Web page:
On May, 17, 2016, the U.S. Senate Committee on Energy and Natural Resources’ Subcommittee on Water and Energy held hearings on a number of pending bills, including S. 2533, sponsored by Senator Diane Feinstein (D-CA).  The bill, titled “California Long-Term Provisions for Water Supply and Short-Term Provisions for Emergency Drought Relief Act,” is aimed at providing short-term water supplies to drought-stricken California and providing for long-term investments in drought resiliency throughout the Western United States.

Among its many provisions, S. 2533 invests $1.3 billion in defined long-term projects while making targeted, temporary changes to water operations that last for the length of the drought or two years, whichever is longer.  Those temporary changes include potential increased pumping in the Sacramento-San Joaquin Delta, which some say may adversely affect the fish species listed under the Endangered Species Act that occupy that region.  The bill would require real-time monitoring of fish species relative to Delta conditions to identify: (1) opportunities to increase water pumping without violating environmental or endangered species laws or biological opinions; and (2) circumstances where it is necessary to decrease water pumping to protect natural origin steelhead, spring run Chinook salmon, winter run Chinook salmon, or delta smelt.  The bill would also implement a number of temporary measures designed to maximize delivery of State Water Project or Central Valley Project water, while mitigating impacts to listed fish species.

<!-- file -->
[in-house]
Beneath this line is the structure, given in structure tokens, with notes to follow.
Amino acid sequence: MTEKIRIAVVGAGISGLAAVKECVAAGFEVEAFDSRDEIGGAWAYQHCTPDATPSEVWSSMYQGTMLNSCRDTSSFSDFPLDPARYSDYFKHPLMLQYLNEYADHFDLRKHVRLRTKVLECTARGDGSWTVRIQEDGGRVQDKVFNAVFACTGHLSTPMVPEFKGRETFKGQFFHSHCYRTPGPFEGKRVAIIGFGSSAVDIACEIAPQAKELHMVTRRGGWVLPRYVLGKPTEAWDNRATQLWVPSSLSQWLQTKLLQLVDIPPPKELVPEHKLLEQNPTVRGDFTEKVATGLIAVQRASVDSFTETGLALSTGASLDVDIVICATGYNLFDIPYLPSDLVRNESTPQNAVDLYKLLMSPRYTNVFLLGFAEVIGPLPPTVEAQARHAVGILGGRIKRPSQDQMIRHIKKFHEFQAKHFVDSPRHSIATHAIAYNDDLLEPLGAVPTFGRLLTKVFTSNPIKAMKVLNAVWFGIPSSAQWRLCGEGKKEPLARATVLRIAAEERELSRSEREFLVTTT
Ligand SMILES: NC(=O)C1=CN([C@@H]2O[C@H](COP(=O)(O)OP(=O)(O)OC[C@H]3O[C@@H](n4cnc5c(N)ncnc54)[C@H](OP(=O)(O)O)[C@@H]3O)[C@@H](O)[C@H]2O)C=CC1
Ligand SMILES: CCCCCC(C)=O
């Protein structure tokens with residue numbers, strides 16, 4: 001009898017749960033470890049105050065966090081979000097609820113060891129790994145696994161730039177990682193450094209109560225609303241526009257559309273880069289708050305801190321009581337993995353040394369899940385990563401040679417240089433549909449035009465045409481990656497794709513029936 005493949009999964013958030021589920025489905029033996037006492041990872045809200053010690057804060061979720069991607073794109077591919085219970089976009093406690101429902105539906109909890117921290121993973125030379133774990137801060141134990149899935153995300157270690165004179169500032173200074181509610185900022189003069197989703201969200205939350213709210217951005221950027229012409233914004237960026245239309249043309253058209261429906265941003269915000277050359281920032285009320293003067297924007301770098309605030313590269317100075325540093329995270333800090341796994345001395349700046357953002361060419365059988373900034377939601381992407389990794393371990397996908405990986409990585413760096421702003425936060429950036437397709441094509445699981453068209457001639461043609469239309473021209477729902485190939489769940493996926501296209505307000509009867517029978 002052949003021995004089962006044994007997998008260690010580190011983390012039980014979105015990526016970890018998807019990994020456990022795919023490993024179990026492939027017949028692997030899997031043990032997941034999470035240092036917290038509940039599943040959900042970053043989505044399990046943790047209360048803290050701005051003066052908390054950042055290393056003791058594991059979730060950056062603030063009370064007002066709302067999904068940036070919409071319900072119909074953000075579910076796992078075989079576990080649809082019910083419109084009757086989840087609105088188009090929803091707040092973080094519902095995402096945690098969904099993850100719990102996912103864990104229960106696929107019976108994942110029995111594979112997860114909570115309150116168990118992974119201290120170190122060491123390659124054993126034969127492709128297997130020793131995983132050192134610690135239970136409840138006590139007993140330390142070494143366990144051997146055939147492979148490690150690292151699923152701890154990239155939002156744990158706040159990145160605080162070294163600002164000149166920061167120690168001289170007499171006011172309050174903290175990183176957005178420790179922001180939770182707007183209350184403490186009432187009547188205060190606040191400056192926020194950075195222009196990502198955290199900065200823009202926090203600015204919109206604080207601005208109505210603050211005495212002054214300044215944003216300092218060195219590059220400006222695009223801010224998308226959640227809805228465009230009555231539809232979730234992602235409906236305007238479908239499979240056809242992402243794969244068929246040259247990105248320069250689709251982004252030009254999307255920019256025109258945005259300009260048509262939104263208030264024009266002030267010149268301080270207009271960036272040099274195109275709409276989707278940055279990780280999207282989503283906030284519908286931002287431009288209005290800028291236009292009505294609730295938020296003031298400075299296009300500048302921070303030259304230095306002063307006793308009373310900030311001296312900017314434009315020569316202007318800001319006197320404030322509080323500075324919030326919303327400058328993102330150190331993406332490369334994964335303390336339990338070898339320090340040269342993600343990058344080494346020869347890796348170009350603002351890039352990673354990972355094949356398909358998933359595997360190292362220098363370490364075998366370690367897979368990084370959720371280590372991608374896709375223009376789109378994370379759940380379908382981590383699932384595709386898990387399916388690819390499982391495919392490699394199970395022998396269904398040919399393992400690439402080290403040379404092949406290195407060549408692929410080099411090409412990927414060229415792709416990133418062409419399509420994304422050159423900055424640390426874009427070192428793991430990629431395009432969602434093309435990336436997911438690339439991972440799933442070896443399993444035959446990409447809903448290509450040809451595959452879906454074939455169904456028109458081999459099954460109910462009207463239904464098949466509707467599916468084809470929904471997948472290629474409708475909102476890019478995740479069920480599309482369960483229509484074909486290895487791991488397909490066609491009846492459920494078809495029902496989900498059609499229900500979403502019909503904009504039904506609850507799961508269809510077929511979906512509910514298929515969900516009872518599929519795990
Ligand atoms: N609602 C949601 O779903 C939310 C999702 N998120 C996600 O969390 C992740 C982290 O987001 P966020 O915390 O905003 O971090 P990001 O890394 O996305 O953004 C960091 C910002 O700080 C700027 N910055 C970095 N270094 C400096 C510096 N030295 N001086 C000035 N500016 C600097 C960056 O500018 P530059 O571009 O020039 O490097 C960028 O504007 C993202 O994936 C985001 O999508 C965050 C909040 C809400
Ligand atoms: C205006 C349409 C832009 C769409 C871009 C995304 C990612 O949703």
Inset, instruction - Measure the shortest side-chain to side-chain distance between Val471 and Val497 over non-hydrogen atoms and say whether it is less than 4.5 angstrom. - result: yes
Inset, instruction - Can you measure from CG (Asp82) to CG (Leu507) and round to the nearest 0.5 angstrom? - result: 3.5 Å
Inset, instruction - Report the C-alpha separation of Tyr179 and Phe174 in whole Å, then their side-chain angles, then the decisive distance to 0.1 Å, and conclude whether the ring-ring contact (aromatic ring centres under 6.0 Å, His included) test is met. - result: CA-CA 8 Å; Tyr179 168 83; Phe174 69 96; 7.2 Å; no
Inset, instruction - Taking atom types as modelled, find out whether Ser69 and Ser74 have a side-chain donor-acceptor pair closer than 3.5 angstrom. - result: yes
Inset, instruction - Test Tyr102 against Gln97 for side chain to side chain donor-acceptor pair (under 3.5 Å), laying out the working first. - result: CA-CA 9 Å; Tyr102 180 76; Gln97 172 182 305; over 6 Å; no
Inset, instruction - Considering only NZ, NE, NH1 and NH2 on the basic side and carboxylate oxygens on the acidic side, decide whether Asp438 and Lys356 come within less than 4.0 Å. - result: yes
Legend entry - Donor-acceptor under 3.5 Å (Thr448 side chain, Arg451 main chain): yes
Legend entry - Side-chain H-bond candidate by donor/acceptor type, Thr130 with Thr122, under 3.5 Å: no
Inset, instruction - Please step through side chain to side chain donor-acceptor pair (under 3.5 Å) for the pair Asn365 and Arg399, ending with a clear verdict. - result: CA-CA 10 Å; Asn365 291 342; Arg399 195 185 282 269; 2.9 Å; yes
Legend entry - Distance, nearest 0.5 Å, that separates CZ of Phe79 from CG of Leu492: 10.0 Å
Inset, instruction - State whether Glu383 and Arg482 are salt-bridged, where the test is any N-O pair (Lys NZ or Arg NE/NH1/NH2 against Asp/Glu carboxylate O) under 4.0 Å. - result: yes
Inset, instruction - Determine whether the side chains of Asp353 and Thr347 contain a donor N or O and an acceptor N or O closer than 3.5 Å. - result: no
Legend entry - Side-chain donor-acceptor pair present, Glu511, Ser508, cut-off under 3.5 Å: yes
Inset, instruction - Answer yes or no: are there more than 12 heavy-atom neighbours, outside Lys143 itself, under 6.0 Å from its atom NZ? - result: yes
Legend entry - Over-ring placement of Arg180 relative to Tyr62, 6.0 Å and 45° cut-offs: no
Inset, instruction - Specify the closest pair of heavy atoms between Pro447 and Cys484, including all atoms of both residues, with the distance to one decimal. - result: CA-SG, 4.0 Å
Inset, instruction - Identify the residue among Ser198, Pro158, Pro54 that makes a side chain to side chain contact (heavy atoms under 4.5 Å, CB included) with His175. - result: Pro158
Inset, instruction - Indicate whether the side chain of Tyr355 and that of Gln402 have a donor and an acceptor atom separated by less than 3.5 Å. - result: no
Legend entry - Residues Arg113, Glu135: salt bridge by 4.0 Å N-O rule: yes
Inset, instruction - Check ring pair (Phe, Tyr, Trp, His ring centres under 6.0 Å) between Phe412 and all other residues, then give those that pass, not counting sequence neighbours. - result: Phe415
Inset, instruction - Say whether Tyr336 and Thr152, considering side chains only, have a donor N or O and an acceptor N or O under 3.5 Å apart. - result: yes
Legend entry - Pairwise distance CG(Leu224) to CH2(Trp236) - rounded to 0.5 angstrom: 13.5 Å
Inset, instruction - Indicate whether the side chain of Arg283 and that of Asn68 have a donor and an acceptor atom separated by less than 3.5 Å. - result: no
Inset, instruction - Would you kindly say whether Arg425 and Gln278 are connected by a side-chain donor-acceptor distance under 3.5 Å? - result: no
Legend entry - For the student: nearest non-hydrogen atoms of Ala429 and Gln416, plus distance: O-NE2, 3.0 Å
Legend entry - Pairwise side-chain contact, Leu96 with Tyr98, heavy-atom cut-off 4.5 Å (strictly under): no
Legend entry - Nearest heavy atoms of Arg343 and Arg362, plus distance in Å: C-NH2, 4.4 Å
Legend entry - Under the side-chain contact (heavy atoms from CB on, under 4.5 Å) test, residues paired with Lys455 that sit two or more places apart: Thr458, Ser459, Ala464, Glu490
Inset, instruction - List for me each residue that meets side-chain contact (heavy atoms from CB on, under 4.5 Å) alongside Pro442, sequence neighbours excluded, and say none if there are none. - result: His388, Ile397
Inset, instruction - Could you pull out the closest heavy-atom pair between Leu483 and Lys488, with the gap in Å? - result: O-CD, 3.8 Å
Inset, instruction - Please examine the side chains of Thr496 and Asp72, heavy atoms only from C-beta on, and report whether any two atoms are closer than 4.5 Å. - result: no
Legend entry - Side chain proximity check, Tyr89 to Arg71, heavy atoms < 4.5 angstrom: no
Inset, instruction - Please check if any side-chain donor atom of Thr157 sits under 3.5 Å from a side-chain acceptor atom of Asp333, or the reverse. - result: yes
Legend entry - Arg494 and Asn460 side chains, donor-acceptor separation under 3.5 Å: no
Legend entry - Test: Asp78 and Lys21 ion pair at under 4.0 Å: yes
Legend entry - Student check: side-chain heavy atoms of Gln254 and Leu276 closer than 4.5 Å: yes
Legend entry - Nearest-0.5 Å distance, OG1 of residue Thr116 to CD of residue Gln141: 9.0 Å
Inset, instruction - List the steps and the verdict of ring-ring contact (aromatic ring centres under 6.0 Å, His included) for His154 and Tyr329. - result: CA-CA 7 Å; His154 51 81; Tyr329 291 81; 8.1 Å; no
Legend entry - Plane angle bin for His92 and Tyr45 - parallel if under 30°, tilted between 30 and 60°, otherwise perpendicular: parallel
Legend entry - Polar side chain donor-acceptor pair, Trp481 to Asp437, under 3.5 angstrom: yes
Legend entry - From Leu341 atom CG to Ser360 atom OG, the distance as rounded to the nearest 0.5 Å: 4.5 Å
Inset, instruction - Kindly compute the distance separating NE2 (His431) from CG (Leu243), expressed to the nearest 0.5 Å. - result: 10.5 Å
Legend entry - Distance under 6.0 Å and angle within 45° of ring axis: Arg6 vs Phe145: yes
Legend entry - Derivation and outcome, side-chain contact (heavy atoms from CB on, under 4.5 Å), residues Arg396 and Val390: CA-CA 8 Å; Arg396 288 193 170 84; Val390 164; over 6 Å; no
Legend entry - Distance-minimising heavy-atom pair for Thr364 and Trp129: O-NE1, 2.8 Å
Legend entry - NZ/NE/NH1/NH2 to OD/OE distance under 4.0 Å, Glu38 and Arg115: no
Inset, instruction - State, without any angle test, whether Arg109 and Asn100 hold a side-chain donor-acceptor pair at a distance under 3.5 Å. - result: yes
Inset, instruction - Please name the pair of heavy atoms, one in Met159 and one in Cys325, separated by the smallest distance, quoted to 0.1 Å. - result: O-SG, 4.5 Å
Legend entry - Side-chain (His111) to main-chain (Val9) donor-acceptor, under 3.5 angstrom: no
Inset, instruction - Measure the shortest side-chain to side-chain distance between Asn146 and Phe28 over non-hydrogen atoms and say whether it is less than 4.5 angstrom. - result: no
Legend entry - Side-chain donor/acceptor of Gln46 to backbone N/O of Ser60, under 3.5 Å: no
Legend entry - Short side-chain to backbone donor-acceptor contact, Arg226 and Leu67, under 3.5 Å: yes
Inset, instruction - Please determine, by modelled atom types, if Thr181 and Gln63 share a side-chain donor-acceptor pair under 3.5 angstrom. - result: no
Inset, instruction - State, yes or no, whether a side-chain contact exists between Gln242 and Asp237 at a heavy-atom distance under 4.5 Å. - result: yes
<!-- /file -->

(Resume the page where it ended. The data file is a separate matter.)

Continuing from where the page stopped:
Senator Feinstein stated that she hopes S. 2533 can pass the Senate, after which they can conference with the House to reconcile the bill with a House Republican proposal passed last year.